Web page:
Late on the 5th June, 1916, 5 officers and 59 troops left the safety of the Australian trenches and entered no man’s land. They were led by 2nd Lt. Gill and his team of 5 scouts, in 2 rows.  Crawling on hands and knees they made their way to a ditch and then an old rifle pit where the bulk of the group waited while Gill and his scouts went ahead cutting their way through about 40 yards of barbed wire.  The scouts were within 5 yards of an old listening post when Gill, crawling on his stomach, saw a spiked helmet silhouetted against the sky.  Something must have alerted the German because two others joined him at their parapet and stared in Gill’s direction. After a tense 10 minutes Gill and Cpl Tozer quietly retreated and made their way back to the main party. Because of the late hour (sunrise is early at that time of the year) the raid was called off. The party had entered no man’s land, been there for over two hours, and withdrawn without incident.

It was decided that another attempt on the German trenches would be made the next night. To minimise the threat of the listening post and barbed wire, the party’s entry into no man’s land was preceded with a short barrage from heavy artillery and 2” trench mortars.  While the party entered no man’s land the target of the barrage or howitzers and 18 pounders was changed to concentrate on the flanking (side) trenches and those immediately to the rear of the target trench. This effectively fenced off the target trench from supporting side and rear trenches. This was the AIF’s first use of the “box barrage”. With the scouts leading the way, the party was now able to move quickly through no man’s land and approach their target.  They assumed that the enemy would still be shocked from the earlier barrage and sheltering from the on-going box barrage.

As planned, the party was able to mount the parapet of the German trench where they lay awaiting Capt Foss’s whistle at which they all jumped into the trench, with exception of the parapet parties who remained on watch on the parapet. The raiders were surprised to find that the trench was virtually non-existent (about 2’ deep). It was basically an above ground breastwork with no parados (rear wall). The raiders were effectively open to observation by any observers in rear trenches not sheltering from the continuing barrage. The breastwork was thick enough for dugout shelters. The trench parties bombed these. Foss, who had landed in front of one, shot one German and bodily hoisted another – a 16 y.o. lad – over the breastwork where he was taken by waiting scouts. Four other German soldiers were taken by the two tench parties. within seven minutes of entering the trench the 2 parties had returned to the entrance point where Foss fired a green flare to indicate that the raiders were returning to their own trenches. During the return two of the German soldiers became uncooperative and were killed. By this time the Germans had begun a retaliatory barrage with one shell falling short of the Australian trenches killing 2 of the raiders and wounding another 4.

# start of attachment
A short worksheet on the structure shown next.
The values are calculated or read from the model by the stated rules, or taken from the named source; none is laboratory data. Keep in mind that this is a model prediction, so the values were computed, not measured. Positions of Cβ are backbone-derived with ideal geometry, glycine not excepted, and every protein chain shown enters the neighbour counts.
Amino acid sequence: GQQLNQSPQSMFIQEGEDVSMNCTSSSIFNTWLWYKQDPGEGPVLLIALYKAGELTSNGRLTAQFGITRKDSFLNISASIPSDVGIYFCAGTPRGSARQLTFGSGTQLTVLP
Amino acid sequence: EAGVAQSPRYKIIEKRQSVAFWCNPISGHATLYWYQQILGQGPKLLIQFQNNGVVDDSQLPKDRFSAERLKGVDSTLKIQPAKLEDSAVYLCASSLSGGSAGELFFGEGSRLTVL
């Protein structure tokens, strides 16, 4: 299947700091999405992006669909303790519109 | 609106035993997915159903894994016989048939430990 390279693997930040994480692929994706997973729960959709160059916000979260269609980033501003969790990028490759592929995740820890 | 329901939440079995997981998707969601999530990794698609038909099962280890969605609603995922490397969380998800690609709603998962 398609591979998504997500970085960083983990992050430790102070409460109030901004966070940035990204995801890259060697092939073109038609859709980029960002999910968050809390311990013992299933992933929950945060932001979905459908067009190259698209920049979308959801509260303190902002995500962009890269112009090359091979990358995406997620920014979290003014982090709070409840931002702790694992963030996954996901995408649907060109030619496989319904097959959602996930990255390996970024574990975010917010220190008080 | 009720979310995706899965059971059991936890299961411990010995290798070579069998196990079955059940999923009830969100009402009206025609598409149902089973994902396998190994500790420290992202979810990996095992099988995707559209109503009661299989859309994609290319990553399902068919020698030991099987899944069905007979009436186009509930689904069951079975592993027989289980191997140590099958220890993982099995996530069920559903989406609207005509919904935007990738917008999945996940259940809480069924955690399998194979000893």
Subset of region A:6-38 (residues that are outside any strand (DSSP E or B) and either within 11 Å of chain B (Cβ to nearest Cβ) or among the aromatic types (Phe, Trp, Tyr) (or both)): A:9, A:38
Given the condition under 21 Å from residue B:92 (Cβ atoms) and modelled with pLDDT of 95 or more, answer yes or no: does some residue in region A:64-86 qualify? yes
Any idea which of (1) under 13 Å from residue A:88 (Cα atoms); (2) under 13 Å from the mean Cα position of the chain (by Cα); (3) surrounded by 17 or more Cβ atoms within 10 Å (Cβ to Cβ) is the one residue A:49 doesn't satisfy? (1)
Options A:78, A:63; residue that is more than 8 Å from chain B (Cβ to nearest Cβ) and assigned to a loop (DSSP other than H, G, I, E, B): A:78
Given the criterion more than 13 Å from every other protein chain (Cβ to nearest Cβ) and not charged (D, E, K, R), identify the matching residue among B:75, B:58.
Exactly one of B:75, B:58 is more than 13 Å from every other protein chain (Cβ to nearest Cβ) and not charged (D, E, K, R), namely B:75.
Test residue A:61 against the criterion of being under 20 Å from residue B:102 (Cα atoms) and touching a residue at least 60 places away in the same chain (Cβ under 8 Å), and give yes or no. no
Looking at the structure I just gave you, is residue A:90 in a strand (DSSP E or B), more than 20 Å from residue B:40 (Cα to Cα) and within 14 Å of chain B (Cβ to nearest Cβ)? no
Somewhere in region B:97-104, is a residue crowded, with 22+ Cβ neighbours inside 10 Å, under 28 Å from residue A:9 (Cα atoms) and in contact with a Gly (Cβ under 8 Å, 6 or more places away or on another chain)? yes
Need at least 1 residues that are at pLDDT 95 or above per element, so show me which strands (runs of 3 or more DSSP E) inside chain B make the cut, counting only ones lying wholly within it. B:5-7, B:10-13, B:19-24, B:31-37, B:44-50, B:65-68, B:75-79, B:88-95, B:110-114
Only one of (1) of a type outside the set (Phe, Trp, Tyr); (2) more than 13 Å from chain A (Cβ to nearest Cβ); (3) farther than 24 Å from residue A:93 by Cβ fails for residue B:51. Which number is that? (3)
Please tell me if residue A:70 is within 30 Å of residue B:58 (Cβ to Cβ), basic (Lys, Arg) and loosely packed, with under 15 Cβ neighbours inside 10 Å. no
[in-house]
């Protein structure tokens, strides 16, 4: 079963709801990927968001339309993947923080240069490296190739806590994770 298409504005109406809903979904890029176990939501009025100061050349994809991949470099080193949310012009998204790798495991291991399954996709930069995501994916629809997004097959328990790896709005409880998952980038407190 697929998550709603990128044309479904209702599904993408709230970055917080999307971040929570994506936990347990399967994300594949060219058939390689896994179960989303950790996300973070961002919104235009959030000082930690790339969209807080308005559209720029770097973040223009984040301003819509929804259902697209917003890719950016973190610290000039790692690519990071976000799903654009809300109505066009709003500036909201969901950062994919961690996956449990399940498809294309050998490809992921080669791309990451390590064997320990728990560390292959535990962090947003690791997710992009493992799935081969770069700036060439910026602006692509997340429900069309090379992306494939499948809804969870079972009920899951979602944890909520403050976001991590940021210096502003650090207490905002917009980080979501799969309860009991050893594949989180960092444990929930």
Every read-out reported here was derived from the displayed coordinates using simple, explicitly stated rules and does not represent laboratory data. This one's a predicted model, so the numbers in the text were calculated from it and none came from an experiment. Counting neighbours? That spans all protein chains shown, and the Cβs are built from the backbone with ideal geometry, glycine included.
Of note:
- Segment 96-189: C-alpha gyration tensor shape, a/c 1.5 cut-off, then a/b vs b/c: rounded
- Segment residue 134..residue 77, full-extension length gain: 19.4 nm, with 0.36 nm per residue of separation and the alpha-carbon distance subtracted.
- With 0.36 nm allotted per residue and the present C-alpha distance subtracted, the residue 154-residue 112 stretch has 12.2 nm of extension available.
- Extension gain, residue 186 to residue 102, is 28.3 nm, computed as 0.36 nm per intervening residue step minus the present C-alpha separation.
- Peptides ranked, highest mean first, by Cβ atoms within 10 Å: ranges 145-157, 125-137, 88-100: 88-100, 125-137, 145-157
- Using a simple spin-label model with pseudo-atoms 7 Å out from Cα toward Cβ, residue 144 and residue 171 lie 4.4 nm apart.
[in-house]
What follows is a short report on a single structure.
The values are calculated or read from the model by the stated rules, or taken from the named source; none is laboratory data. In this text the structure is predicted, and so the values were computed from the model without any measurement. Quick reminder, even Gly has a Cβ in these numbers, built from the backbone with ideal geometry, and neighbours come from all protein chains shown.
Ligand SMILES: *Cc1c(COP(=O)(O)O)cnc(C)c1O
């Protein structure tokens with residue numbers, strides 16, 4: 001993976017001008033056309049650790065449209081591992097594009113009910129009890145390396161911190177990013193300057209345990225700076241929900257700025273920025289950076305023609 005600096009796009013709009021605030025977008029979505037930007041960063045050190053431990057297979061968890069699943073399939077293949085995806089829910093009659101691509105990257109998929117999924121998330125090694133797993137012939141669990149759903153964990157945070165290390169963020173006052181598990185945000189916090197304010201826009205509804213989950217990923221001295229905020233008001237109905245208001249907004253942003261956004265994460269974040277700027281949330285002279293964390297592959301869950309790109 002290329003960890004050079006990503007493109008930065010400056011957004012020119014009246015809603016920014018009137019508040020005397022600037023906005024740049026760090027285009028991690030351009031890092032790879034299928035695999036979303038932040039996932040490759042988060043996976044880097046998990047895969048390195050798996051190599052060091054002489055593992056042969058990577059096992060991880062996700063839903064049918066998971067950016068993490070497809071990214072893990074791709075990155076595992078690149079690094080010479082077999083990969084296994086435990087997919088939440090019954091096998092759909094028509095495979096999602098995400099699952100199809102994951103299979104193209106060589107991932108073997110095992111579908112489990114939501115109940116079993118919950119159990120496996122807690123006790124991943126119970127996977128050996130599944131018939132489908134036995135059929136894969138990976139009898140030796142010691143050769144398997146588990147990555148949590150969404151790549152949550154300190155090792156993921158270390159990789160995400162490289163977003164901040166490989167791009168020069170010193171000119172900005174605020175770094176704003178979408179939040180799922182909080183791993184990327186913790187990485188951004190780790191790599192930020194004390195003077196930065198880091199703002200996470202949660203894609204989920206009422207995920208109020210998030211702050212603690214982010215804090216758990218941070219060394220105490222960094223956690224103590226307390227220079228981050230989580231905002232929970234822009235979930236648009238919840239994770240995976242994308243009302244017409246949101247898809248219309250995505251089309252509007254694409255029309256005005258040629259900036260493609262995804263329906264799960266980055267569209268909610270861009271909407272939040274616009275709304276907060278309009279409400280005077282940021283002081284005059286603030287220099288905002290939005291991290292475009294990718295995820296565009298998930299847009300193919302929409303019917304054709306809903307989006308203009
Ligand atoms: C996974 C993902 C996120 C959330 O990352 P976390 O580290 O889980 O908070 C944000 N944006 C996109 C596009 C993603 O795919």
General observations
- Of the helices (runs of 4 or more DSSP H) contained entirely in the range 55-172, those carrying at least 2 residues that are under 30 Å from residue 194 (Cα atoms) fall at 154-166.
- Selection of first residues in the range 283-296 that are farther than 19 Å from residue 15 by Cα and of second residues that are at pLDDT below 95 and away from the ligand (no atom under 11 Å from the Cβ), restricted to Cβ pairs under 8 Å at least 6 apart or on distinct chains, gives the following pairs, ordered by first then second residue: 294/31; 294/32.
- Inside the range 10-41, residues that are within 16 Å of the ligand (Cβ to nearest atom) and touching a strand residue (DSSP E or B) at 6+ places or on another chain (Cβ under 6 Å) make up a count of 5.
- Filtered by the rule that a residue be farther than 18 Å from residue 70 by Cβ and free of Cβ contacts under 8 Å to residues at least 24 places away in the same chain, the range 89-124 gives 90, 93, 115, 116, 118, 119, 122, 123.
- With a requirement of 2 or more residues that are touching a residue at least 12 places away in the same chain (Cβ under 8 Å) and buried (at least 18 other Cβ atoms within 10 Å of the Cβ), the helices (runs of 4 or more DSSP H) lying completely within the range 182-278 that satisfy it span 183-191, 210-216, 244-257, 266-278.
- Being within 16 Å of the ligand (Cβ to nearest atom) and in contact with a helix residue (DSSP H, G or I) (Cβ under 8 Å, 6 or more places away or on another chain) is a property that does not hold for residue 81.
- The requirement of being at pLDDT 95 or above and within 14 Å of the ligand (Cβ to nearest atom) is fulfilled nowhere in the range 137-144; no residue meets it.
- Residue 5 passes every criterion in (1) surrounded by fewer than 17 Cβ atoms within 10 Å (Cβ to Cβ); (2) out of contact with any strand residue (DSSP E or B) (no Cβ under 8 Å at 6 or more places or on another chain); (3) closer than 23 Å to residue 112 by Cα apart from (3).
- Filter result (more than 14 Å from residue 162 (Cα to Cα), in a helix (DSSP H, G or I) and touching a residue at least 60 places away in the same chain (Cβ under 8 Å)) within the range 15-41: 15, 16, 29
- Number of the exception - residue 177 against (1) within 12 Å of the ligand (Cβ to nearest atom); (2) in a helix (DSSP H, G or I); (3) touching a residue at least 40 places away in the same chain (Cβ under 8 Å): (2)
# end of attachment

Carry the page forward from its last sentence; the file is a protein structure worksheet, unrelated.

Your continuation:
The raid was deemed a success. The raiders had successfully crossed no man's land, killed 12 Germans and taken another 3 for interrogation, gathered information on trench construction and collected weapons and many personal documents and items containing information about the enemy soldiers. As Officer in Charge of the Assault, Captain Foss was awarded a Military Cross, 2nd Lieutenant Gill and Corporal Tozer who on 2 nights led the attacking party through no man's land were awarded the Military Cross and Military Medal respectively. Private Church was awarded a Military Medal for gallantry. Of those four only Corporal Tozer, who later as Lieutenant Tozer won a Military Cross, survived the war.

Of course that is not the full story. Leaving aside the politics leading up to the decision by the AIF to embark on a series of trench raids, the full story of this raid would require a book - one of the goals of this project.